Let me start this by thanking all the men and women in uniform who risk their lives to protect me, my family, my property, businesses and those who I love and care about. That by no means covers every man and woman in uniform, but it does go out to the vast majority of them. Police, fire, armed forces…
With that out of the way, today we look back 76 years at a pivotal event in human history where people from all over the world united to land on the shores of France and take Europe back and bring freedom to those who longed to see it again in their homeland. Unfortunately, we seem to be watching freedom slip away in our own country and witness a nightly orgy of violence, destruction and horror at the hands of our fellow Americans.
And some really don’t get it…
Biggest antifa rally in history. https://t.co/ypa46PvYx1
— Mara Liasson (@MaraLiasson) June 6, 2020
Yes kids, that would be Mara Liasson, a 35 year veteran of NPR. She is really saying the landings in Normandy on D-Day and ANTIFA rioting, burning cities, looting stores and beating bystanders to death in our own country are the same. She isn’t alone. There have been MANY of these hot takes today from our media betters, entertainment celebrities, politicians and regular blithering idiot Americans. This is showing more than ever the failures of our public education system. Pick up a fucking history book you moron! Sorry for the potty word there, but if ever it was appropriate, it would be to these idiots.
We are also seeing a very vocal push to “defund the police”… Not by the fringe, but by mayors, Hollywood mega-stars and members if Congress. How about we defund NPR instead?
The Greatest Generation fought and died so that today we would have the freedom to throw everything they held dear into the toilet.
As a reminder of what makes a hero, Teen and I will be watching the Glenn Miller Story tonight. Glenn Miller was the #1 entertainer in the world for four straight years (1939 to 1942), until he volunteered to join the US Army in 1942. In December of 1944, a few months after D-Day, he was lost flying across the English Channel to France to perform with the US Army Band for troops near the front lines. The Norseman he was flying in disappeared into the fog, never to be seen again. The BBC officially announced on Christmas Eve that his plane was lost. No one ever really knew what happened to his plane and no trace was ever recovered.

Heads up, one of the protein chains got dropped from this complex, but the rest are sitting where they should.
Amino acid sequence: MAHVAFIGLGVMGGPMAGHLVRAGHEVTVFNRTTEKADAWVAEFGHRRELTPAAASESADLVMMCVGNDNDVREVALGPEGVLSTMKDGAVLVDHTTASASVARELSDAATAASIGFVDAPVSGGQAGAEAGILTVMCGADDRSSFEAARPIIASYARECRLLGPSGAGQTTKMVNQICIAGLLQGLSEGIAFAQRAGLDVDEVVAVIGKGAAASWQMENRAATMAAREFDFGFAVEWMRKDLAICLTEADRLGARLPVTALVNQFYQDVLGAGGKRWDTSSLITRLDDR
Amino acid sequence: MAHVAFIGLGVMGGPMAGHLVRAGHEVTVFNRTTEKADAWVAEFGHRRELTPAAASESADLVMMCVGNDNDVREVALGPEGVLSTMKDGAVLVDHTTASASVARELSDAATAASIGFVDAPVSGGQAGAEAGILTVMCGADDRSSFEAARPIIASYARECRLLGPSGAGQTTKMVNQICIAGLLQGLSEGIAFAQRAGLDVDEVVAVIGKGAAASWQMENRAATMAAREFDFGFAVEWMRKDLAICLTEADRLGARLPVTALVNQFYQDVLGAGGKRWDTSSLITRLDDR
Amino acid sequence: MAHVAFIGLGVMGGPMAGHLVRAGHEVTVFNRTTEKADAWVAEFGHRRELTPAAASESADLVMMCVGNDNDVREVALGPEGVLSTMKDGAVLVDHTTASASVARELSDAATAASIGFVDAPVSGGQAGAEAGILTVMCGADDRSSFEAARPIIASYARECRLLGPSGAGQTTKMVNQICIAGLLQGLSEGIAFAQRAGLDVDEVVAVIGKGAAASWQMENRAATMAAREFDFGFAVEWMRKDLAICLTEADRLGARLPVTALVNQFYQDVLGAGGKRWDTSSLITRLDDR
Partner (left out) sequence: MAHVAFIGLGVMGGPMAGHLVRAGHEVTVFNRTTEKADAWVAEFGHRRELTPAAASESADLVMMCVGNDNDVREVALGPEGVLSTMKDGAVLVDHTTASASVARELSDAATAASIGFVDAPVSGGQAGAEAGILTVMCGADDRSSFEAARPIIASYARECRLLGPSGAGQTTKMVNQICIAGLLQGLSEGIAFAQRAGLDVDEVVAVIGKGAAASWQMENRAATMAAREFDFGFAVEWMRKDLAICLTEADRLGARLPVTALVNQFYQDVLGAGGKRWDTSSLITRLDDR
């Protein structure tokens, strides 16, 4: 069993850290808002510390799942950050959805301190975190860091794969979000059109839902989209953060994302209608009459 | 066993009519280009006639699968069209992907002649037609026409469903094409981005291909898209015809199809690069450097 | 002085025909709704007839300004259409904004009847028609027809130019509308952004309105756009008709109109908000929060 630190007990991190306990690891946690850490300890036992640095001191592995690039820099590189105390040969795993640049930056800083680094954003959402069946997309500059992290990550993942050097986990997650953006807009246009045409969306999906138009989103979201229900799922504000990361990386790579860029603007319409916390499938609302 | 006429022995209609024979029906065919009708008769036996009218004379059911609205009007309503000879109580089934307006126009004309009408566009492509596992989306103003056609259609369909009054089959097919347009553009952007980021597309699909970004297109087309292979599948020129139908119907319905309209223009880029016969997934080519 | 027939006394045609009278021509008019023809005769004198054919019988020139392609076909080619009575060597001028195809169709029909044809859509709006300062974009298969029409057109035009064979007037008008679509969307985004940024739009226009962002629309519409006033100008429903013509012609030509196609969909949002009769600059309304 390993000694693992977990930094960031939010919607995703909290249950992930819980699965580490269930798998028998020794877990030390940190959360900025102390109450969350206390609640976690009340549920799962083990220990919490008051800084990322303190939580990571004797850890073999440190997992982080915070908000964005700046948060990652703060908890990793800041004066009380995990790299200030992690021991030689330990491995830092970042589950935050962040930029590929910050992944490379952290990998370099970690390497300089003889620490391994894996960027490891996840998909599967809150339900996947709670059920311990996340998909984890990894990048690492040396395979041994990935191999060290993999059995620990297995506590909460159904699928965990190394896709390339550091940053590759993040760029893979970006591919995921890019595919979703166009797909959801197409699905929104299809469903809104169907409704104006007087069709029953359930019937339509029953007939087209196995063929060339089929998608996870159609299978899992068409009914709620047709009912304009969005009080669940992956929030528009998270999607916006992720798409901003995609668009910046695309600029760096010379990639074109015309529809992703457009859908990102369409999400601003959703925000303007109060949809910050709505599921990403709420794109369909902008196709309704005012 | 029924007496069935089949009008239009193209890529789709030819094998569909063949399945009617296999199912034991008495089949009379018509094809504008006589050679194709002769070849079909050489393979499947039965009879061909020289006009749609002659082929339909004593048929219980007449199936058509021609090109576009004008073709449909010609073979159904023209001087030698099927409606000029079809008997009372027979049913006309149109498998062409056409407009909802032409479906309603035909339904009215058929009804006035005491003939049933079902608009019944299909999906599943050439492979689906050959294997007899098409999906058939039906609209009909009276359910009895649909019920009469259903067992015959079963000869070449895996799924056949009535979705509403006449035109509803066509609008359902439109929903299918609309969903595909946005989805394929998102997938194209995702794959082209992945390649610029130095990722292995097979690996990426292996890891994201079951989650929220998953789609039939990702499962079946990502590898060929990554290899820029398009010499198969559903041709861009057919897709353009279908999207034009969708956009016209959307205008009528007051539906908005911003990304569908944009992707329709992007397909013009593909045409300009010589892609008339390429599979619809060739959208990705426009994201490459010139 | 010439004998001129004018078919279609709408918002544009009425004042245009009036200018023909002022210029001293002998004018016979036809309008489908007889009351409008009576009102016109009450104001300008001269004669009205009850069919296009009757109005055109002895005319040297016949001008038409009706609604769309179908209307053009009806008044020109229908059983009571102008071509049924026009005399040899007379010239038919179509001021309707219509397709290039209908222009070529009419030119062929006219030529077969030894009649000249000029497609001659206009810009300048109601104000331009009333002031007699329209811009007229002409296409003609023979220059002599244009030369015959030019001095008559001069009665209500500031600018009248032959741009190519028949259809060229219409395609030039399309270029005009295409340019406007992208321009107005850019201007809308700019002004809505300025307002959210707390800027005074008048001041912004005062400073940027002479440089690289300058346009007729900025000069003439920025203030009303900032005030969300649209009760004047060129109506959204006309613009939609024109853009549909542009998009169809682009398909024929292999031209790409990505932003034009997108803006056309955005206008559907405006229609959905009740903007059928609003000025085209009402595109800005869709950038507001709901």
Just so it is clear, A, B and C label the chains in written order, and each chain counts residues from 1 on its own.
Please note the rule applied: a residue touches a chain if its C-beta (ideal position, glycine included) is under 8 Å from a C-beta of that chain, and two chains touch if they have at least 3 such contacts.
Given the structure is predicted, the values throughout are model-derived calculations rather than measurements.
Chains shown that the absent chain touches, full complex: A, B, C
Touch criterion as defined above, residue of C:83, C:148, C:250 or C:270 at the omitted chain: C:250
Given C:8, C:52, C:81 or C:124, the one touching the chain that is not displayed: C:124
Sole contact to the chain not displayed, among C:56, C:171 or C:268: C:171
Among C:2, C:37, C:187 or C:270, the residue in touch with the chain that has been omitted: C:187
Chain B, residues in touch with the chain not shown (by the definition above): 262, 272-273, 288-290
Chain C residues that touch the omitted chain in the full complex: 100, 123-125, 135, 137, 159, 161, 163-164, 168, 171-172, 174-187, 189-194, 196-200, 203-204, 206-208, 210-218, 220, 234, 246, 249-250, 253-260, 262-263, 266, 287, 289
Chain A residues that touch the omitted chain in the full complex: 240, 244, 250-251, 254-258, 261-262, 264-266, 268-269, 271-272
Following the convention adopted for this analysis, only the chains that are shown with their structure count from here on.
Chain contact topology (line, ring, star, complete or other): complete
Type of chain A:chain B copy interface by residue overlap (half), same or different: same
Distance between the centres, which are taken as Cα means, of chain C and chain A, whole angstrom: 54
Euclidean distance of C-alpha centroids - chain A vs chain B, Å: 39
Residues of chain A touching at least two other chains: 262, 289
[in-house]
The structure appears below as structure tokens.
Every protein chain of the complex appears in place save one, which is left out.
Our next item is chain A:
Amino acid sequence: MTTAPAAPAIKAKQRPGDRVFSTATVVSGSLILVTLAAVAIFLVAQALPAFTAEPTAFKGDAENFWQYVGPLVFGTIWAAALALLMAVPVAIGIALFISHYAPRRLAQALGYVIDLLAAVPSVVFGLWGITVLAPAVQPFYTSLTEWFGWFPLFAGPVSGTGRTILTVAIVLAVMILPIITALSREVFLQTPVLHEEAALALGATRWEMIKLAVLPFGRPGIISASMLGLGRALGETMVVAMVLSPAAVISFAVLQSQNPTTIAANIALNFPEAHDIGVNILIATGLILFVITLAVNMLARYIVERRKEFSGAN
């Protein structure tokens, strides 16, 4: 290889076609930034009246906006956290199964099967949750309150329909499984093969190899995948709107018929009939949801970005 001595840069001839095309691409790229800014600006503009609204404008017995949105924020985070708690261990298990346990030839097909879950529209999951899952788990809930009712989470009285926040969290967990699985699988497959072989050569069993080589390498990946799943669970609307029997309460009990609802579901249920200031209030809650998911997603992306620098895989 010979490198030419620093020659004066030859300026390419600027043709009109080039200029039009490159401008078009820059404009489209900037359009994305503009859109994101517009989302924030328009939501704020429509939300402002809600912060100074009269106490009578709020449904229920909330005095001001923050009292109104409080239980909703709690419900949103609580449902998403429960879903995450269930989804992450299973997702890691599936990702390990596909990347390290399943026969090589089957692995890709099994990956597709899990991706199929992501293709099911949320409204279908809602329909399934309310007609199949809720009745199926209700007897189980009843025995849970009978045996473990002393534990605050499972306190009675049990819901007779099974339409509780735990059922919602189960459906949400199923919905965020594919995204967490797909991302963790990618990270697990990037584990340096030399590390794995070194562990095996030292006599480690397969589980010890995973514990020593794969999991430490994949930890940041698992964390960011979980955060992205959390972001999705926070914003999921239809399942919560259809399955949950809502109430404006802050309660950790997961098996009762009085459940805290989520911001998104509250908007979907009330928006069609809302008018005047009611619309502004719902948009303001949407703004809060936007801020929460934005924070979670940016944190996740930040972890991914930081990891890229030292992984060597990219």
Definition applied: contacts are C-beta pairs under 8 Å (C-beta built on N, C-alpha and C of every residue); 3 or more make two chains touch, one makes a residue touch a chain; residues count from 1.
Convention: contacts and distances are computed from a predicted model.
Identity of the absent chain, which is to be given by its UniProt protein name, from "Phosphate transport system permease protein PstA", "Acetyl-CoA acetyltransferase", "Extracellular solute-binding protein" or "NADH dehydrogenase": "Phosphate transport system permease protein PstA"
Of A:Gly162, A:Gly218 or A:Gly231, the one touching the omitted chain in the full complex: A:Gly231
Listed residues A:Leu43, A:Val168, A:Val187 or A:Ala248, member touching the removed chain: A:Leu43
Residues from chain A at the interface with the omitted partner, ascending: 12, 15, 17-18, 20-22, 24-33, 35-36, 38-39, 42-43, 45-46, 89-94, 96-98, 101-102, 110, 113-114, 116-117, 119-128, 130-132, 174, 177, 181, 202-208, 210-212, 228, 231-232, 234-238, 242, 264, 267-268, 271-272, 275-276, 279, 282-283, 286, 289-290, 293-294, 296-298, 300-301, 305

“Then on Feb 11th, 2000, the logbook of war-time RAF flight engineer Derek Thurman from Derby, England was sold for $880 on Sotheby’s internet sales site. It tells of how a British air raid on Germany was sent back to base, the night Glenn Miller disappeared. The 138 Lancaster Bombers dumped their explosives over the sea, as was normal practice, to ensure a safe landing. Mr. Thurman said three crew members on his plane spotted a light aircraft below them, which they believe was brought down by the hail of jettisoned bombs.”
Glenn Miller was the most successful entertainer of his day. In The Mood is still the 7th biggest musical hit in history (adjusted for inflation…). He walked away from extreme wealth and comfort to risk (and lose) his life doing what he could to bring a little bit of home to all those soldiers, airmen and sailors who were across the sea fighting for their lives and for our freedom. And to bring comfort and joy to the civilians who had been bombed, threatened, occupied and oppressed by the Nazi regime for years. Yep, just like ANTIFA… Or…
The Glenn Miller Story is a fantastic movie. Not really reality-based for a biography, but it is still exceptional. It stars James Stewart, one of (if not the) greatest movie star of all time (Entertainment Weekly has him listed as #3 behind Humphrey Bogart and Katherine Hepburn). He had enlisted in the Army Air Corps before Pearl Harbor and was actually working guard duty on an air base the morning of December 7th. He already had his pilot license before he enlisted and would soon have his Best Actor Oscar (for the Philadelphia Story – co-staring with #2) on the mantel.
Unlike most Hollywood stars who volunteered to sell war bonds and travel around in protected areas to entertain, Mr. Stewart wanted to fly bombers. The brass wouldn’t allow it. It took him a year to finally manipulate his way into a bomber squadron heading to England. He flew about two dozen missions and became the squadron commander. He refused to sit out the dangerous missions as the brass wanted and earned the respect and admiration of all who served with him.
Jimmy returned to Hollywood after the war, but his confidence as an actor was shaken. His first movie post-war was with my favorite director Frank Capra, also Frank’s first post-war movie – It’s a Wonderful Life. He suffered bouts of PTSD on the set (before we knew what that was), but struggled though to become an even bigger star than he was before and to rise to the rank of General in the new Air Force. He continued to fly active/dangerous missions in the Korean and Viet Nam wars.
These two men – Jimmy and Glenn – were two of the greatest entertainers ever. But they are heroes and giants in history because of what they volunteered to do to save the world, not to loot and riot. Where are the Jimmys and Glenns today?